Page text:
The history of the most popular cat breeds in the UK

Our loving furbabies have a long history – some that span back to the Roman invasion!

In today’s post we’re focusing on four of our most popular UK cat breeds to tell you a little bit more about how your purrfect pal came to be here…

British Shorthair Cat

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The British Shorthair is a popular show breed and has a thick, plush coat. As a stocky, rounded cat they are a pedigree version of the traditional British domestic cat that have been a popular breed year on year. And it’s easy to see why; the popular ‘British Blue’ colouring with copper eyes is the most familiar, and very striking, colour variant.

They were imported into Britain by the invading Romans in the first century AD, who brought Egyptian domestic cats that then interbred with the local European wildcat population.

The date of origin of the British Shorthair as we know it today is 1870. Over time they have evolved into a cat with short but very thick coat, which has protected them against their new cold surroundings.

According to the Governing Council of the Cat Fancy, British Shorthairs make up 1/4 of all kittens registered each year, making it the most popular pedigree cat in the UK.

Ragdoll Cat

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The Ragdoll is one of the largest cat breeds and at full maturity a male can weigh in at around 6kg, with females weighing between 4-6kg.

They are sturdy, long in stature and have a medium length coat of silky texture which can come in three patterns- colourpoint, bi-colour, and mitted. Their main distinguishing feature, however, is their bright blue eyes.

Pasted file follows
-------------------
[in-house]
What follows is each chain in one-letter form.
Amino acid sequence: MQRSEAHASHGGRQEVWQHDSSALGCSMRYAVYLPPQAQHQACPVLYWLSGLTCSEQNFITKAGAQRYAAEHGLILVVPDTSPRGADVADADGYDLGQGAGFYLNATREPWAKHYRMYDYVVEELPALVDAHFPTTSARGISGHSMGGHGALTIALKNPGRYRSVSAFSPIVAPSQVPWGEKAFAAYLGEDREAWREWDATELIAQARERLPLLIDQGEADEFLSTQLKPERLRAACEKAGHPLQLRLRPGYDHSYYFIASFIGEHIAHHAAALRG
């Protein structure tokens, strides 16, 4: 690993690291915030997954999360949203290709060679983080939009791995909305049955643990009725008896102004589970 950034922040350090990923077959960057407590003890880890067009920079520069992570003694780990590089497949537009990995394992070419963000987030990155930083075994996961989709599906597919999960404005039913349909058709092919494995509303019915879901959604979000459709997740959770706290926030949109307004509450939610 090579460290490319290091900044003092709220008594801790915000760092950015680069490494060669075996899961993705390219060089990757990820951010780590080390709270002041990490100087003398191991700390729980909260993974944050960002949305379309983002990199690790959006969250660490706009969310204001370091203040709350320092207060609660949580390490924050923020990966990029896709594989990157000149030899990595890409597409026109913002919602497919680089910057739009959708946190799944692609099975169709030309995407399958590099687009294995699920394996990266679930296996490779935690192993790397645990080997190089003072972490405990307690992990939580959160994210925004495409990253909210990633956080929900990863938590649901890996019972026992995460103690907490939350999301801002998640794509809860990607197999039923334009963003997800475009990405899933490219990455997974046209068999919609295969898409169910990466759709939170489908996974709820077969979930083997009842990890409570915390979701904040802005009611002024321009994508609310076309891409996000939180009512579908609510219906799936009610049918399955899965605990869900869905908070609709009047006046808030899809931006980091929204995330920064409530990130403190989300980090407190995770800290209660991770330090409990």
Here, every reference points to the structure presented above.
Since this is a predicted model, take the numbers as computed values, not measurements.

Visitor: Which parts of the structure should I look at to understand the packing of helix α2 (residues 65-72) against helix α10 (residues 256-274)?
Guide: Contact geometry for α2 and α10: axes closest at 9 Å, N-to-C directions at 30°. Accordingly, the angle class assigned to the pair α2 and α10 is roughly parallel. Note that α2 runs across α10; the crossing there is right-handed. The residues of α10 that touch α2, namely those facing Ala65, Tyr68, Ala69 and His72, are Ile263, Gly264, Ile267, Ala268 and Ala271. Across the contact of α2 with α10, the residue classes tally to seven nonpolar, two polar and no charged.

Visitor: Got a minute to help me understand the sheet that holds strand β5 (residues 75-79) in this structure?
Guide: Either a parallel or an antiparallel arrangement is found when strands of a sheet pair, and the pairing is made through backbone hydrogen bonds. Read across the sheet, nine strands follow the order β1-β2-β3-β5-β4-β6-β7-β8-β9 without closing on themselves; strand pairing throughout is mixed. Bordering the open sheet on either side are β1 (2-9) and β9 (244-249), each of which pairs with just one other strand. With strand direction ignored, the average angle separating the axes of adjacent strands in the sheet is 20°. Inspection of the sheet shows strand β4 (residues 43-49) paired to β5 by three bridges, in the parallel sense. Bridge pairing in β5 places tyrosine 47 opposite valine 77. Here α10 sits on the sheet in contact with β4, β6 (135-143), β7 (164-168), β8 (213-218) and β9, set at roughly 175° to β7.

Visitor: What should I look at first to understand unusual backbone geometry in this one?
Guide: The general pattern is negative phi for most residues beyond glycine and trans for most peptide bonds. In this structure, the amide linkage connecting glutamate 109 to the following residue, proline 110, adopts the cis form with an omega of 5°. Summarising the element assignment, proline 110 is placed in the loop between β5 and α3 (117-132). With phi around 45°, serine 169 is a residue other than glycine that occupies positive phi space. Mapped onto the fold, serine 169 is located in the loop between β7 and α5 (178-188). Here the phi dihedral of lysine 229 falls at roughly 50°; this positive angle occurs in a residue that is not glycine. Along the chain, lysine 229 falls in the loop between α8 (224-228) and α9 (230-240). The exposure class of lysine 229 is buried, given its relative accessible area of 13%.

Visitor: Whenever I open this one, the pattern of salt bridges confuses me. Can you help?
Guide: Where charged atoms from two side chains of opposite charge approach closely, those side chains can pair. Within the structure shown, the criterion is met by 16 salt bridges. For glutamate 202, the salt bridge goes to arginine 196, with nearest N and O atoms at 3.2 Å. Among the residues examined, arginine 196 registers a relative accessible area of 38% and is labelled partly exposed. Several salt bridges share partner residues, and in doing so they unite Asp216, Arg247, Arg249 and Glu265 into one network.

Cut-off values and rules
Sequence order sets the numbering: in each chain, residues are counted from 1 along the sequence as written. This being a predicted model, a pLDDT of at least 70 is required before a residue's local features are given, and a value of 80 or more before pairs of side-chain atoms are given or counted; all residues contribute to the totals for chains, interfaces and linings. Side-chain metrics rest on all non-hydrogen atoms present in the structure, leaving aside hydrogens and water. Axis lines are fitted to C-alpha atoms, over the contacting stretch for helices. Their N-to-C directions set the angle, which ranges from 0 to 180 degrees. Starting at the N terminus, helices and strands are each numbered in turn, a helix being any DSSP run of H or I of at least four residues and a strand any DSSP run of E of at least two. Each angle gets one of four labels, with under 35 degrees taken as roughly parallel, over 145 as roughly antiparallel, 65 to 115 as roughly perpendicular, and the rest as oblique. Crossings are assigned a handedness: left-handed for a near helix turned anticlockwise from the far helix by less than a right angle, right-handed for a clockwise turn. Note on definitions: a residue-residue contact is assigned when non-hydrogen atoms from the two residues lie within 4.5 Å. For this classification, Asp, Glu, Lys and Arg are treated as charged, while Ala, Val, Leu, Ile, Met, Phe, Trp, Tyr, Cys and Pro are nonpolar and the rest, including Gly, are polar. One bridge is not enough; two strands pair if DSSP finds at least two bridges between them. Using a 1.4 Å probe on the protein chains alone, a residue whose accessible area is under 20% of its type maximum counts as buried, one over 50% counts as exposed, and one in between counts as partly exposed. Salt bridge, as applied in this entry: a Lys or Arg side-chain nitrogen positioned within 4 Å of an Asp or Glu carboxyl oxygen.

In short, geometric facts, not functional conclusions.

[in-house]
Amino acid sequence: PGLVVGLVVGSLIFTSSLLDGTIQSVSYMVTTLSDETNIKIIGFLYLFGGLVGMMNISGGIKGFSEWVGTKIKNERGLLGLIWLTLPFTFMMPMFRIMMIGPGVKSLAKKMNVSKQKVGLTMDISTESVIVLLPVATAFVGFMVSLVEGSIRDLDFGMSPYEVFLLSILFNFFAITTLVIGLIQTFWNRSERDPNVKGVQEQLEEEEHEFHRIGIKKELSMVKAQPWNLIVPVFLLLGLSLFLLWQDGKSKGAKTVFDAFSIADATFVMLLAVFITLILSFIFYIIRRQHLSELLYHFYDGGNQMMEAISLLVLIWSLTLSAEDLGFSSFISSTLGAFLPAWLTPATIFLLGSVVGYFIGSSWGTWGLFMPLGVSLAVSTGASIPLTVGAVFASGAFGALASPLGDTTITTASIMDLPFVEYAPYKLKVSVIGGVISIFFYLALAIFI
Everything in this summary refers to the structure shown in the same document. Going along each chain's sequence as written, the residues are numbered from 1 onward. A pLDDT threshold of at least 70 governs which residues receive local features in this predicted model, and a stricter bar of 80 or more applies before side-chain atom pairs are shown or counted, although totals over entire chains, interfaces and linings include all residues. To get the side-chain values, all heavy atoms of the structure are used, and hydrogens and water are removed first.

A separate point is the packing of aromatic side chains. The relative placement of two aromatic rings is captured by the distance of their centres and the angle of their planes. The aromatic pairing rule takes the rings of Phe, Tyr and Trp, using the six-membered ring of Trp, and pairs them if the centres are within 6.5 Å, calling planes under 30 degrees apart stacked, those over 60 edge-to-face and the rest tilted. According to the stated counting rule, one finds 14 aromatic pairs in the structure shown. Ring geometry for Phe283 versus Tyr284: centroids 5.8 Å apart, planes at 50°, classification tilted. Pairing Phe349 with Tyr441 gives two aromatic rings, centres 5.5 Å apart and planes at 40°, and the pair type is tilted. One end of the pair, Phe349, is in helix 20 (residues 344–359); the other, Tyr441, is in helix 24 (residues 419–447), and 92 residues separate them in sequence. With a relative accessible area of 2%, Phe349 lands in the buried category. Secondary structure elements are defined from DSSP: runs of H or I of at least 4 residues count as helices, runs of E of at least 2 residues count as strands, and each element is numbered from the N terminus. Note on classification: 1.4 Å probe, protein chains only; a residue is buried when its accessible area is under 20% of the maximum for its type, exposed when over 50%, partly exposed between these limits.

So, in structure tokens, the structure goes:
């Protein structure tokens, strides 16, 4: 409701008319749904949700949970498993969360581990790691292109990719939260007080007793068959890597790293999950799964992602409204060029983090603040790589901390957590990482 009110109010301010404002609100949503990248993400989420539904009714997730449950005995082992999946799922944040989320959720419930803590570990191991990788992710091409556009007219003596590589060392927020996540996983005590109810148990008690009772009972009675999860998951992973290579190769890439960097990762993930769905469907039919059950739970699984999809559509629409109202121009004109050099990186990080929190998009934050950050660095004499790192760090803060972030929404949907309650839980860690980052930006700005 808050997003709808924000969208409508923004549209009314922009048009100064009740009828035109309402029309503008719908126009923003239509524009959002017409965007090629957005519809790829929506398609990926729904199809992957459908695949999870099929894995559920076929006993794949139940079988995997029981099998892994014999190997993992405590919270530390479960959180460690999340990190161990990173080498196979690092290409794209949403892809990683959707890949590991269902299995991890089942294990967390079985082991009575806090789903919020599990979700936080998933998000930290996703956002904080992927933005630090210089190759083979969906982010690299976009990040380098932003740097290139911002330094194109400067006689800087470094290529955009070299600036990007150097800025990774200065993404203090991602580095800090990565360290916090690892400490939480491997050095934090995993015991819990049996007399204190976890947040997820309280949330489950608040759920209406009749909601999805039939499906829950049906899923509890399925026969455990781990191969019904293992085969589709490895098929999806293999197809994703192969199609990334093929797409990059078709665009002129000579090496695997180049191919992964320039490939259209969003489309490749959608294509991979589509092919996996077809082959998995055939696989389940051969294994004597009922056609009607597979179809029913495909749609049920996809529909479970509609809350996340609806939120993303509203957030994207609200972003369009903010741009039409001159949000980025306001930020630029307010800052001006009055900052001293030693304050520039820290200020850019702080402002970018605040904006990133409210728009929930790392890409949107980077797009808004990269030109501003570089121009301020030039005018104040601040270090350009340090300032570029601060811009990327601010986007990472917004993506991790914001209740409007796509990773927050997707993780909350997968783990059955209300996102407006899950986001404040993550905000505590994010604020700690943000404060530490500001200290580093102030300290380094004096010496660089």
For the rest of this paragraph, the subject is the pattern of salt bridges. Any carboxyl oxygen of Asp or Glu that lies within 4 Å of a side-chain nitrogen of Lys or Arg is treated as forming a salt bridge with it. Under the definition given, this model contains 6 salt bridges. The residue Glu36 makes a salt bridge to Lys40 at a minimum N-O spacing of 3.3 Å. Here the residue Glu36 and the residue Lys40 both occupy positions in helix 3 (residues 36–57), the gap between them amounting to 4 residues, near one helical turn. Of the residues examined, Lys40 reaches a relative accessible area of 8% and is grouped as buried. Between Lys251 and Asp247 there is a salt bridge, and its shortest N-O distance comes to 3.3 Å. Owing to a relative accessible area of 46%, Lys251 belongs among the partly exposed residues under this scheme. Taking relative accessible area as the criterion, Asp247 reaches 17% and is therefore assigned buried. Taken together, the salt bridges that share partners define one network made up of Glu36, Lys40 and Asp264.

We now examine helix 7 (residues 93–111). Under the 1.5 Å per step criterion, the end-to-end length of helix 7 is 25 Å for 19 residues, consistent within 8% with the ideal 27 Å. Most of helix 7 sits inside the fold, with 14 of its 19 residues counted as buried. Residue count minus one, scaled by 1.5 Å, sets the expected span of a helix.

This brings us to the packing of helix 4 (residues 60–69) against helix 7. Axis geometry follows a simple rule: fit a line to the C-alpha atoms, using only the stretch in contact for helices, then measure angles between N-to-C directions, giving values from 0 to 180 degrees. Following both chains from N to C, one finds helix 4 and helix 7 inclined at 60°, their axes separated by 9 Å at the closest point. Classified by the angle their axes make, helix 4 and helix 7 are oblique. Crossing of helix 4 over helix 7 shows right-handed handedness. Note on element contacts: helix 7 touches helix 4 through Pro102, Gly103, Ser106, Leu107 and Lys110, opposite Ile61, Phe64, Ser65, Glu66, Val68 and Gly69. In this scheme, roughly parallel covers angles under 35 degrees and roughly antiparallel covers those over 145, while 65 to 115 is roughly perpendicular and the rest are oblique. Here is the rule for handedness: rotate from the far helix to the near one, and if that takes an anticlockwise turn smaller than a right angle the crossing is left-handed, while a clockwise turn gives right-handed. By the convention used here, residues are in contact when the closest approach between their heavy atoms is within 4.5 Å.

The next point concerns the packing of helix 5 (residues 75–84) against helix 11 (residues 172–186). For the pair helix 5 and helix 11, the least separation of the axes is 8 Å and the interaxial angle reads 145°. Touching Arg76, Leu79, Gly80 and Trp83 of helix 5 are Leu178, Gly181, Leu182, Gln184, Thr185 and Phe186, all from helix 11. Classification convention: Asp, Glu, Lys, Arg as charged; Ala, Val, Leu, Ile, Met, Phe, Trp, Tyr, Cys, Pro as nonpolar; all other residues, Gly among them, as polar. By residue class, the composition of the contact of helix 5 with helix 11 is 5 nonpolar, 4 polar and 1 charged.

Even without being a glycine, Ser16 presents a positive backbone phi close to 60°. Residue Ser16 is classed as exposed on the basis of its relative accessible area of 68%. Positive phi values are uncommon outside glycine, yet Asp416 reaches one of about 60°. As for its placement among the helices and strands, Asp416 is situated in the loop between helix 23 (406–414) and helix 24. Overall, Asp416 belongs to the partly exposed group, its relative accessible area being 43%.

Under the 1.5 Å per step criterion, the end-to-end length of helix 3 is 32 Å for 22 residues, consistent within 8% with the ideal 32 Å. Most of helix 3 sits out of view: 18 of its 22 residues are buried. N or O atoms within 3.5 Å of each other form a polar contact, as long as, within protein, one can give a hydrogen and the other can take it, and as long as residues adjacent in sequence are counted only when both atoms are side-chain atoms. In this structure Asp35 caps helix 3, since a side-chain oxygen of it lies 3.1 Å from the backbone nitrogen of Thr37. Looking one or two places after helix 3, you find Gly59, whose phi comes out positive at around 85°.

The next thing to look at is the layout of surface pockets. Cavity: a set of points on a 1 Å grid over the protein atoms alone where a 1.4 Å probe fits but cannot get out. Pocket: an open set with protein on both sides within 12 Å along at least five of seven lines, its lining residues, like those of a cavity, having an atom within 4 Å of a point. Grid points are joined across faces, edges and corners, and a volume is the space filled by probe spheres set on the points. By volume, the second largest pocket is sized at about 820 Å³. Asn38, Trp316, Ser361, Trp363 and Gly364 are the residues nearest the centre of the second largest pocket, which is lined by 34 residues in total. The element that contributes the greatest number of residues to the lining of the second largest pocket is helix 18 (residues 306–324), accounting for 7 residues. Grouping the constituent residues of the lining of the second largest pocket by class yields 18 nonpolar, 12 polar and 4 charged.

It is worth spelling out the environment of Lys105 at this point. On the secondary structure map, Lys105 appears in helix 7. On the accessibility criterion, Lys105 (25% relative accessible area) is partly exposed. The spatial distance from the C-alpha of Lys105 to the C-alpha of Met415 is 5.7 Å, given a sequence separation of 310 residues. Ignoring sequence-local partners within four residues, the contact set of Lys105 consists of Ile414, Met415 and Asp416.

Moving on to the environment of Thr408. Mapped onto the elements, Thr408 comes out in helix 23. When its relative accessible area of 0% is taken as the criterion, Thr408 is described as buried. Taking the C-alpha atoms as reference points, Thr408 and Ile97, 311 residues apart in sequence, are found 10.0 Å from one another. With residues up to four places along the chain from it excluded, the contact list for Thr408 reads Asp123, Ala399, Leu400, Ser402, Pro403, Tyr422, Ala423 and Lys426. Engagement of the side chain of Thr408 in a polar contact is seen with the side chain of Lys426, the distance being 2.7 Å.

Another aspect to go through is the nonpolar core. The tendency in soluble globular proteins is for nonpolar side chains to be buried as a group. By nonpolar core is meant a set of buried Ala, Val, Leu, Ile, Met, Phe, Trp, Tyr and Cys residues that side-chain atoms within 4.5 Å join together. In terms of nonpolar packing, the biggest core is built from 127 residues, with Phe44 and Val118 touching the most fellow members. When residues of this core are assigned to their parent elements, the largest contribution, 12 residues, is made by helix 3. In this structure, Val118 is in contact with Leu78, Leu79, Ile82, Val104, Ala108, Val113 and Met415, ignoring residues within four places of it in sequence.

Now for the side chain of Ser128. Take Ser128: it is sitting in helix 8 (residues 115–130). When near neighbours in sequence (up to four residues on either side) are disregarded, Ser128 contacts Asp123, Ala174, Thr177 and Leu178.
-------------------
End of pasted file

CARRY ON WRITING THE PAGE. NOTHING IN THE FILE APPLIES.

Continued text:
The breed name ‘Ragdoll’ comes from their tendency to become relaxed and limp when picked up. Initially, this affectionate breed was developed in Riverside, California in the early 1960s and imported into the UK in the spring of 1981.

Persian Cat

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The Persian breed is one glam looking cat! Their long, thick coat can come in a huge variety of colours and patterns and their large physique is well-developed and muscular with a short, sturdy body and short legs to support their mass.

Facially, the version of the Persian cat we are most familiar with today is the Peke-faced Persian, which is short-muzzled and squashed-looking.

Although there is no exact recording of the ancestry of the Persian breed, the first documented history can be traced back from Khorasan, Persia, when they were imported into Italy in 1620. And into France from Angora, Turkey around the same year.

Bengal Cat

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In contrasting physique, the Bengal breed is a distinctively patterned short haired breed, which was produced from crossing domestic cats (usually Siamese) with the Asian Leopard Cat.

The initial aim of the cross-breeding was to produce an affectionate and domesticated miniature leopard to reduce the number of people keeping wild cats as pets or wear their fur. Their marbled and spotted coat makes it one of the most striking breeds in the UK, and whilst brown is the most popular colouring, there are also snow, silver, and blue colour variations.

The earliest mention of the cross which produces the Bengal was documented in 1889 making them a relatively new breed, with their first import into the UK from USA in the early 1990s. Since their introduction into the UK around 25 years ago, they have become one of the most popular short haired breeds.

Did we miss your cat’s breed? Let us know in the comments!

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